Pathways to inclusive development need to be informed by more than economic growth models alone. Social and political institutions and power inequities shape economic processes, as well as outcomes. The concept of ‘Wellbeing economics’ provides a broader lens through which to view the complex relationship between human wellbeing and more inclusive economic development.
From economists like Joseph Stiglitz to Tony Lawson there is growing concern that standard economics is wrong. It no longer provides an adequate framework for analysing the problems of today’s globalizing and rapidly changing economies. A fundamental reframing of economics is needed in order to move it closer to reality on the ground. Instead of seeing the economy as a closed and neutral system, we need to think of it as an instituted process subject to emergent change. From this viewpoint, the study of economics is about resource allocation decisions and processes and the forces that guide these: from a human perspective it is about understanding who gets what, under what conditions, and why?
For political, analytical and technical reasons we argue in favour of a pluralist approach to economics. This involves rethinking economic agency and behavioural drivers and focusing on human wellbeing instead of welfare. People everywhere “strive to sustain, protect or improve their wellbeing” by making constant trade-offs between: the different dimensions of wellbeing (e.g. between income and social wellbeing); individual and collective wellbeing; and past, present and future wellbeing. Structural inequalities and repressive powers prevent many people from realizing their full potential. This results in high levels of exclusion (e.g. in the form of discrimination, forced migration, ill-health and exposure to violence) and unearned income. Especially, the most vulnerable and marginalized groups in society are excluded from creating viable options or making free choices in the first place. If we continue to think that households, communities and societies function on the basis of market mechanisms alone, we will systematically overlook reciprocal, redistributive, extortive, exploitative and other mechanism through which the allocation of resources takes place. These mechanisms are partially grounded in society, culture and politics.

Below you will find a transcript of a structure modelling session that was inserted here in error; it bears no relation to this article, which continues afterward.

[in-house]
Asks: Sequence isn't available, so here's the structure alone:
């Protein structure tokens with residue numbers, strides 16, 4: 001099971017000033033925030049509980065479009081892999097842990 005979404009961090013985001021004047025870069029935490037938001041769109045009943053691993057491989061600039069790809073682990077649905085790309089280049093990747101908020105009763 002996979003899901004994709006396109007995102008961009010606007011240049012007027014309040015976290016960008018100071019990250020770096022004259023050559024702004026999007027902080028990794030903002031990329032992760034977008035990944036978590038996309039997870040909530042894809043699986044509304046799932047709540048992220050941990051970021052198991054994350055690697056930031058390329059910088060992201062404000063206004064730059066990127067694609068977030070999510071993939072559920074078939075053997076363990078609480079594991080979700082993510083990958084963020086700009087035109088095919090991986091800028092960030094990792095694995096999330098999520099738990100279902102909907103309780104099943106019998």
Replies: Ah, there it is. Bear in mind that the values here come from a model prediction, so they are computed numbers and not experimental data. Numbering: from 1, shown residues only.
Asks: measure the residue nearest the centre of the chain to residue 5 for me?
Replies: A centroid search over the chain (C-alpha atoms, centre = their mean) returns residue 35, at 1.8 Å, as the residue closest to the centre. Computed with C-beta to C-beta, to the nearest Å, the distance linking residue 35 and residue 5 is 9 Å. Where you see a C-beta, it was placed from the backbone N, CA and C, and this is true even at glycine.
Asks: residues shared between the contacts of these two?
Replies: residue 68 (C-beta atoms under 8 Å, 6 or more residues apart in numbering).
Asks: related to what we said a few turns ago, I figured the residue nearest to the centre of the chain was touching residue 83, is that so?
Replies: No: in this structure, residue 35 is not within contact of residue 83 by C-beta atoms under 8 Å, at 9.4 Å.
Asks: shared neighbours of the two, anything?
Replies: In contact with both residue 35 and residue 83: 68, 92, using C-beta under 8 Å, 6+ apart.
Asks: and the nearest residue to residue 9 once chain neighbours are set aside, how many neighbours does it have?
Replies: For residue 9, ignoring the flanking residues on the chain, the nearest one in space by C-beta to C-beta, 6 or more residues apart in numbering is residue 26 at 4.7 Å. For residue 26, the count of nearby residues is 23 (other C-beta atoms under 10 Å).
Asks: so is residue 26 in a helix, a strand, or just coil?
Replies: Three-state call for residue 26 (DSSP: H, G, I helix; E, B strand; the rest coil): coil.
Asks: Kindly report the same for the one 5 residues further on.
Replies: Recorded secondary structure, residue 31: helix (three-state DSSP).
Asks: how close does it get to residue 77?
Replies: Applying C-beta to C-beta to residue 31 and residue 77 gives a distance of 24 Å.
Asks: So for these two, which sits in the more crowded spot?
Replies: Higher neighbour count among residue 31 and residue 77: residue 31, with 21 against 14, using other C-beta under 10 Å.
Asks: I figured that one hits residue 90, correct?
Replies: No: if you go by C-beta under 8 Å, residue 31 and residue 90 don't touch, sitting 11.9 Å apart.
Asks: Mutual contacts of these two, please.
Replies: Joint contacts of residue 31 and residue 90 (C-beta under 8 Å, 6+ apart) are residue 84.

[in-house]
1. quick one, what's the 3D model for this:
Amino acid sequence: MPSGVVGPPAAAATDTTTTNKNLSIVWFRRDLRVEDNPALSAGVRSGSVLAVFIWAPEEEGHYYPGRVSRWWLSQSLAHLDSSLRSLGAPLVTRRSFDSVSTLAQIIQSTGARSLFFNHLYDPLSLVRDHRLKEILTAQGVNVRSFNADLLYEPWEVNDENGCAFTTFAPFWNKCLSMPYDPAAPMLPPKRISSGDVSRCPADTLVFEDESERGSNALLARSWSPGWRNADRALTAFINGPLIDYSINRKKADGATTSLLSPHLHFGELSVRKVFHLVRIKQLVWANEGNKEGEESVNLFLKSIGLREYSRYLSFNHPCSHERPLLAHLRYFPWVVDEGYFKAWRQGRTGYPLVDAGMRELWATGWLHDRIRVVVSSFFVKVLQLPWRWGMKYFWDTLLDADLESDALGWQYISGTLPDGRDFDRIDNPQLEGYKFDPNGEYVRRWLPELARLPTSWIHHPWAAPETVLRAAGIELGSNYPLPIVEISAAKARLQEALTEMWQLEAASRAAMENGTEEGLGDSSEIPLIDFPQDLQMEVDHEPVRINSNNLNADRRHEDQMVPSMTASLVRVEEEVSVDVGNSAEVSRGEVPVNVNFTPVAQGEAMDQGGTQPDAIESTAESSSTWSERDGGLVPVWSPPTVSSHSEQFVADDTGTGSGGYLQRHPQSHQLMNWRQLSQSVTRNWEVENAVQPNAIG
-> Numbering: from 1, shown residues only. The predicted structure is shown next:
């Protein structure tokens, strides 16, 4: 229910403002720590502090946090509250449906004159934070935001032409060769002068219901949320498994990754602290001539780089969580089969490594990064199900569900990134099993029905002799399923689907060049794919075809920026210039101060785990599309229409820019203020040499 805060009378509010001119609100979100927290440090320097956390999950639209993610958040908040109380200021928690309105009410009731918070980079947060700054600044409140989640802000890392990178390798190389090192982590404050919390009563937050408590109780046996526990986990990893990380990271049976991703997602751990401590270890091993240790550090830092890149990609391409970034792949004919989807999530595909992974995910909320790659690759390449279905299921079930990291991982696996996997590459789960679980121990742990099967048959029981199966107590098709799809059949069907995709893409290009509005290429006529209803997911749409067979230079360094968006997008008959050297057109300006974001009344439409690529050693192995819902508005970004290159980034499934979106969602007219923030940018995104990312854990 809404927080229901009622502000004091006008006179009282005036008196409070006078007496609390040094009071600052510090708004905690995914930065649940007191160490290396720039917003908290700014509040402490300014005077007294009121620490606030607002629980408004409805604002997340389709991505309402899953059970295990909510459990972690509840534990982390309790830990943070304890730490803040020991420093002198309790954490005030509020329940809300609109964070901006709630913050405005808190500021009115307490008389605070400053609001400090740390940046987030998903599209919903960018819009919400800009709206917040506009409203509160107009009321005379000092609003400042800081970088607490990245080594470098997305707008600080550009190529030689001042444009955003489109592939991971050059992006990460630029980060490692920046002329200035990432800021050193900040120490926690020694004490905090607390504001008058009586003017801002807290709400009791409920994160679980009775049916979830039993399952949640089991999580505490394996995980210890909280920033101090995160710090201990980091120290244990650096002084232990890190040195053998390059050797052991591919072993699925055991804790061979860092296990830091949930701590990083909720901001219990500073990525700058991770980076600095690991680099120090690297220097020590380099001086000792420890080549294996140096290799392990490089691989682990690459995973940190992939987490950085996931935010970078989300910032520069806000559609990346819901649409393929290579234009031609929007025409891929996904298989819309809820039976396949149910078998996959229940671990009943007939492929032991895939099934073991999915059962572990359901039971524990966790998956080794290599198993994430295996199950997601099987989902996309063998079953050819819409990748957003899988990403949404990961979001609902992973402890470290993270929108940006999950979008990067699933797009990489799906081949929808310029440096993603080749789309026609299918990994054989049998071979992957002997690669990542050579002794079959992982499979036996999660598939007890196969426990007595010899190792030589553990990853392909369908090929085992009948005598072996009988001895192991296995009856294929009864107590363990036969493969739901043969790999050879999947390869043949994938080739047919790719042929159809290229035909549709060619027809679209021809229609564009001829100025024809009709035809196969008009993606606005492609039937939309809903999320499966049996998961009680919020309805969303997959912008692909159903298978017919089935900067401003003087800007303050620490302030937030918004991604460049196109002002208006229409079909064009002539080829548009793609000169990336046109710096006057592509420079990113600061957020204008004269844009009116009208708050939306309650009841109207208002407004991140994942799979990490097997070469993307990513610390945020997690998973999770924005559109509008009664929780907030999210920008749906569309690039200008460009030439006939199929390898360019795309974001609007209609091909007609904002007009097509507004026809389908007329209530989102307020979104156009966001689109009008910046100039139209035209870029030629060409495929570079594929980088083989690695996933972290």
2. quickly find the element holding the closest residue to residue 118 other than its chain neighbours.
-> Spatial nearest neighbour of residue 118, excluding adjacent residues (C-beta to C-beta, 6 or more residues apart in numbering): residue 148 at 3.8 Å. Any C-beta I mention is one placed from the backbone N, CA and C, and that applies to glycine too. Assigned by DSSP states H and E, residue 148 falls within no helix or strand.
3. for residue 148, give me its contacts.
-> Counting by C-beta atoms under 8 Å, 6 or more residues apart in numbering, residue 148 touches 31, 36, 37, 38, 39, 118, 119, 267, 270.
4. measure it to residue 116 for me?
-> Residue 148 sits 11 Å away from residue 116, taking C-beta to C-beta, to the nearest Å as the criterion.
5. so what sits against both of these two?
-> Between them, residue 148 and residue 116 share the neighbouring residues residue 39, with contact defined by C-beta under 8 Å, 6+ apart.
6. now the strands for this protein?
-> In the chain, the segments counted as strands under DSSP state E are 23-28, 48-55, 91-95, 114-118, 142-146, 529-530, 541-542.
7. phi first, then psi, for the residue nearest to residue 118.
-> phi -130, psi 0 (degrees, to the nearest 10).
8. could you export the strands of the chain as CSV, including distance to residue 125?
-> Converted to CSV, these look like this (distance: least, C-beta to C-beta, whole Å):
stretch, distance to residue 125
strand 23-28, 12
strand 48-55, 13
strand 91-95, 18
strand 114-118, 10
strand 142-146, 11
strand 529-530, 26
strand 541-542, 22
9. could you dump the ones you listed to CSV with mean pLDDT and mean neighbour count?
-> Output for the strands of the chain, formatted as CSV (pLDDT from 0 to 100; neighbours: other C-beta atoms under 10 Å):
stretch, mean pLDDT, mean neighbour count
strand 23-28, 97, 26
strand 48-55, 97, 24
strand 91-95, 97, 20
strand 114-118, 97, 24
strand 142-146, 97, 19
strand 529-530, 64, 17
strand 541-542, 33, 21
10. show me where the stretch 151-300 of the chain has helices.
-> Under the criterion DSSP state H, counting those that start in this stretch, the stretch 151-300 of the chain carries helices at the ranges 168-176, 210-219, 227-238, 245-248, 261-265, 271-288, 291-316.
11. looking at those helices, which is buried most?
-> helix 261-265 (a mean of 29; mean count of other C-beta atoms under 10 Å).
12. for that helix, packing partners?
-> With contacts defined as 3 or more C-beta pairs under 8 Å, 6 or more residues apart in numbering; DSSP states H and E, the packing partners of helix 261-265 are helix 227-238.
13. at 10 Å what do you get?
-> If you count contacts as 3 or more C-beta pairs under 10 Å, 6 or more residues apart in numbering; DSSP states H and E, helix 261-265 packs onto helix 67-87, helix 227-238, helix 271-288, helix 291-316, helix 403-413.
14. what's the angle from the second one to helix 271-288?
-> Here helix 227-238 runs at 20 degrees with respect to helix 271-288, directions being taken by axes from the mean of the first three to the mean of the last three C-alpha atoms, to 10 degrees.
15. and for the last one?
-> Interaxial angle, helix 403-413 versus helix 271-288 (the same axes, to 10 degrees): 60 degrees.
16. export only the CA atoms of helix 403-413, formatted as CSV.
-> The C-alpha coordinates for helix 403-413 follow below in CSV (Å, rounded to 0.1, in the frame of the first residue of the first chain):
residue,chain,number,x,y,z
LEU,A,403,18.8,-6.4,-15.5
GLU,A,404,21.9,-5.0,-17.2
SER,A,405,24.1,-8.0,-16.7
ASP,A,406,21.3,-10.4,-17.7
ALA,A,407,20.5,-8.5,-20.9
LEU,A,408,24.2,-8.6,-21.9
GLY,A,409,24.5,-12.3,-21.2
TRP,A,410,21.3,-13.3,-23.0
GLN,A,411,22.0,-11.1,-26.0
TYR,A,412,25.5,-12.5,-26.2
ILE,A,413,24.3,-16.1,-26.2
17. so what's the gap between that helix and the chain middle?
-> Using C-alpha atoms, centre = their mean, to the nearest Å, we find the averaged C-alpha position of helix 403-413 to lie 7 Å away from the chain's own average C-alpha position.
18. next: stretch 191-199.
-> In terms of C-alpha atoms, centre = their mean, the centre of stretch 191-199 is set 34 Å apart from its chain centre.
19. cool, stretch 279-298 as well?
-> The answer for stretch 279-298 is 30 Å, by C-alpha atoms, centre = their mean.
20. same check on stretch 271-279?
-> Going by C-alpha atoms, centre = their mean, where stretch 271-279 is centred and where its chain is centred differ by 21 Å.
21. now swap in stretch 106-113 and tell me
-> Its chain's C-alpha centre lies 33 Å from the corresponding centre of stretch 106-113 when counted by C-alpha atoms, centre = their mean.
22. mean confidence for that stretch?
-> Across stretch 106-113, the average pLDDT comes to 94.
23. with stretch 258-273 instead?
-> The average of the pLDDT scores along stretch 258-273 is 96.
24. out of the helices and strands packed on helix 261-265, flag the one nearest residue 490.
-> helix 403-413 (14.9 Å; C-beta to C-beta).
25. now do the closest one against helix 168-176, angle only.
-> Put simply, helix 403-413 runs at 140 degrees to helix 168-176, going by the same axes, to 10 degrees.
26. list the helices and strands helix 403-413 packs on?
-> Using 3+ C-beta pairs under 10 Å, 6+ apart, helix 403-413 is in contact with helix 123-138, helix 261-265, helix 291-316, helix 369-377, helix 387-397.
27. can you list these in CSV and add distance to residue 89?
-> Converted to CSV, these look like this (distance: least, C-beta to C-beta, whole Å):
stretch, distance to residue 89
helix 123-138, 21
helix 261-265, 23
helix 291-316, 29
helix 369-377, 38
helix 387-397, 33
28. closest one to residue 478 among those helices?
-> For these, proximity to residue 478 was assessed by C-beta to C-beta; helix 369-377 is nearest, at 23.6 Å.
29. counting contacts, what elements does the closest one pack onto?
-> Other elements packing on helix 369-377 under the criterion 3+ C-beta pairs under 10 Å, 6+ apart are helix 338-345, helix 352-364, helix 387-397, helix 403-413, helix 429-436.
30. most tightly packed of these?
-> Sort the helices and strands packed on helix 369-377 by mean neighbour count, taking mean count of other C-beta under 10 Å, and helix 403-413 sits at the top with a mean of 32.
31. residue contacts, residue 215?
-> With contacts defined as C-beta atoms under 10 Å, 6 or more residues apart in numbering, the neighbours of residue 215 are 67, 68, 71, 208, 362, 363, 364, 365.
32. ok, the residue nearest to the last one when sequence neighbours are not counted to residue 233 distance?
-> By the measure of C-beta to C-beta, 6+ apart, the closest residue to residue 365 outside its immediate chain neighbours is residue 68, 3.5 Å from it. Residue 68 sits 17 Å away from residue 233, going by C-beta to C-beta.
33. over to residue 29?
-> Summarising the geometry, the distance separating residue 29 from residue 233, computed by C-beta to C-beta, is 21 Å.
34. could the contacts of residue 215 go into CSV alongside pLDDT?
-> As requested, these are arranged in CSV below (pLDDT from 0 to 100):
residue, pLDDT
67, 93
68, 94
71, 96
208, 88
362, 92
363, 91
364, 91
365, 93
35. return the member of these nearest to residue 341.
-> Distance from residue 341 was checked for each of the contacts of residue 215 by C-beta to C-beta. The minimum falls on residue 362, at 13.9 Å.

The starting point of Wellbeing economics is to see the economy as an instituted process of resource allocation. The economy is not a closed and controllable system; it is open to influences from ‘outside’. The economy can best be seen as a temporarily organized system of relationships between people and resources at different levels of aggregation. Resource exchange is driven by market and non-mechanisms. Social norms, power relations, and political preferences steer these forces in different directions, not always benefiting the majority or most vulnerable in society.
In places where people experience ill-being (e.g. famine, insecurity or lack of future prospects), only “bad alternatives” present themselves. The concept of rational choice is not helpful in analysing such situations, because it only takes relative prices into account. People may be purposeful in making economic decisions, but they are not always ‘rational’ in the narrow sense of the word. What people have in common is that their economic decisions are aimed at protecting, sustaining or improving wellbeing in one dimension or the other. Moreover, people factor other people’s wellbeing into their daily economic decisions to a greater or lesser extent. Economic agents are not like Robinson Crusoë; even he created ‘Friday’ to accompany him. It is the human being in relationship to others and the environment that should feature centrally in economic analysis.
From such a comprehensive perspective on the economy, it is easier to understand sub-optimal individual and collective decisions, feedback loops, and self-reinforcing dynamics. There is, thus, a ‘visible hand’ steering economic processes and outcomes. Within the framework of Wellbeing economics, investments in social protection, voice and empowerment, and environmental sustainability are not seen as costs to growth per se, but as preconditions for sustainable human wellbeing and inclusive development.